Brian Gale and David Stark, MD
The term image coregistration (a.k.a. fusion imaging) refers to
a process by which images from one "functional" modality (usually
nuclear medicine) are overlaid upon images from an "anatomic"
modality (generally computed tomography or magnetic resonance). The
result is often a visually stunning combination of a detailed
anatomic image accented by the overlaid, colorful "hot spot."
The advent of image coregistration has been greeted positively
by virtually all who have performed or written about it. Most of
the published papers on the subject discuss how well the particular
method discussed achieves the desired anatomic alignment. Authors
generally assume that by apparently increasing lesion conspicuity,
image coregistration will improve diagnostic accuracy across the
board. These impressions are cute, but lack scientific rigor.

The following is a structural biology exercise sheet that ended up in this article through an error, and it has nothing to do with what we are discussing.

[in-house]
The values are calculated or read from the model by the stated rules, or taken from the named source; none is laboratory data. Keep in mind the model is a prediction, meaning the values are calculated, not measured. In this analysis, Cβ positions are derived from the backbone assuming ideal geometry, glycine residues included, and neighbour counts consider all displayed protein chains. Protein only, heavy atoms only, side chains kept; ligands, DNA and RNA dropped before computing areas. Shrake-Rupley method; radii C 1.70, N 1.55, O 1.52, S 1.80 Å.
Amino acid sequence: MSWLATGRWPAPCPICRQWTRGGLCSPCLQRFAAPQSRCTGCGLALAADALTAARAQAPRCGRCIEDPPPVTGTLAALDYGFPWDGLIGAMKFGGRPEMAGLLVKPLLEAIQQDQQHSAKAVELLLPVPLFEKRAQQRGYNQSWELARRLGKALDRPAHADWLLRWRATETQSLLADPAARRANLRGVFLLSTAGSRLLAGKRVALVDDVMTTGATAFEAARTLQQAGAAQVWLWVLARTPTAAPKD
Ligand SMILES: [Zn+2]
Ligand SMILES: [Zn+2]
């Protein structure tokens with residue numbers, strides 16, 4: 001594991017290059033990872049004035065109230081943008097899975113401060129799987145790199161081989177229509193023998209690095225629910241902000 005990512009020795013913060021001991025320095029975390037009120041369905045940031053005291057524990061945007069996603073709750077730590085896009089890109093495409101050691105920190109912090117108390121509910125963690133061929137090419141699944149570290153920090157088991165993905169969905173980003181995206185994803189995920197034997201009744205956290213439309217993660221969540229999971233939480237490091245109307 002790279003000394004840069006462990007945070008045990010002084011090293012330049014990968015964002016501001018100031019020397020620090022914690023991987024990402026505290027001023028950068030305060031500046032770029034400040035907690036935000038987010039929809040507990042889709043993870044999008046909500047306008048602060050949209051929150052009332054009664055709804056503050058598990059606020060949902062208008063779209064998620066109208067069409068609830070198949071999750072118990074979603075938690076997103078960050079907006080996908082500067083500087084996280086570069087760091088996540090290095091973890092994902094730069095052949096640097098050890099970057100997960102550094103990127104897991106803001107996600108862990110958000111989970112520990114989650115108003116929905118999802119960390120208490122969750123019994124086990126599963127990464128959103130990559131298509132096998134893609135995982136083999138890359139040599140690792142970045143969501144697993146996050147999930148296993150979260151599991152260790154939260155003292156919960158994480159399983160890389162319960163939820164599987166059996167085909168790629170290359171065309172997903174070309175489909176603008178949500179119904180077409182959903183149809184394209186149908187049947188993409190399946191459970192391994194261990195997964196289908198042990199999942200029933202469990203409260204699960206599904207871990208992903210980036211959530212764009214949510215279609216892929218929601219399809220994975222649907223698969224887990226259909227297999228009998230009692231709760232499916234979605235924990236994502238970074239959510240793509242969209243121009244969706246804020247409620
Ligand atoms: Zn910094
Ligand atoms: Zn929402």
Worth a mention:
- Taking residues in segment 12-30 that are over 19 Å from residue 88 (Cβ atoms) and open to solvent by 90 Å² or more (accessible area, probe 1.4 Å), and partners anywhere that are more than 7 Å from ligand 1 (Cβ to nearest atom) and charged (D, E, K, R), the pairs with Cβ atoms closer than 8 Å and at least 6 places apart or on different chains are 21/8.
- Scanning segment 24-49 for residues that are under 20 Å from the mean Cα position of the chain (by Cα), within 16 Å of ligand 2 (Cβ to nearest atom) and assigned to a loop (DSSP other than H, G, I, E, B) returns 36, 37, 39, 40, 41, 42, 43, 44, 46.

"Show me the money!" said Cuba Gooding, Jr. in
Ronald Reagan, during the SALT III negotiations in Reykjavik,
Iceland delivered perhaps his most memorable quote when he declared
"Trust, but verify."
Radiologists need to verify whether this technique actually
increases the accuracy or efficiency of image interpretation,
compared with interpretation of the unfused "functional" and
"anatomic" images. Until a thorough scientific study is performed,
we won't know if this simple image processing technique truly
improves the practice of diagnostic radiology, or if we are simply
looking at a new, sexy version of the same old data.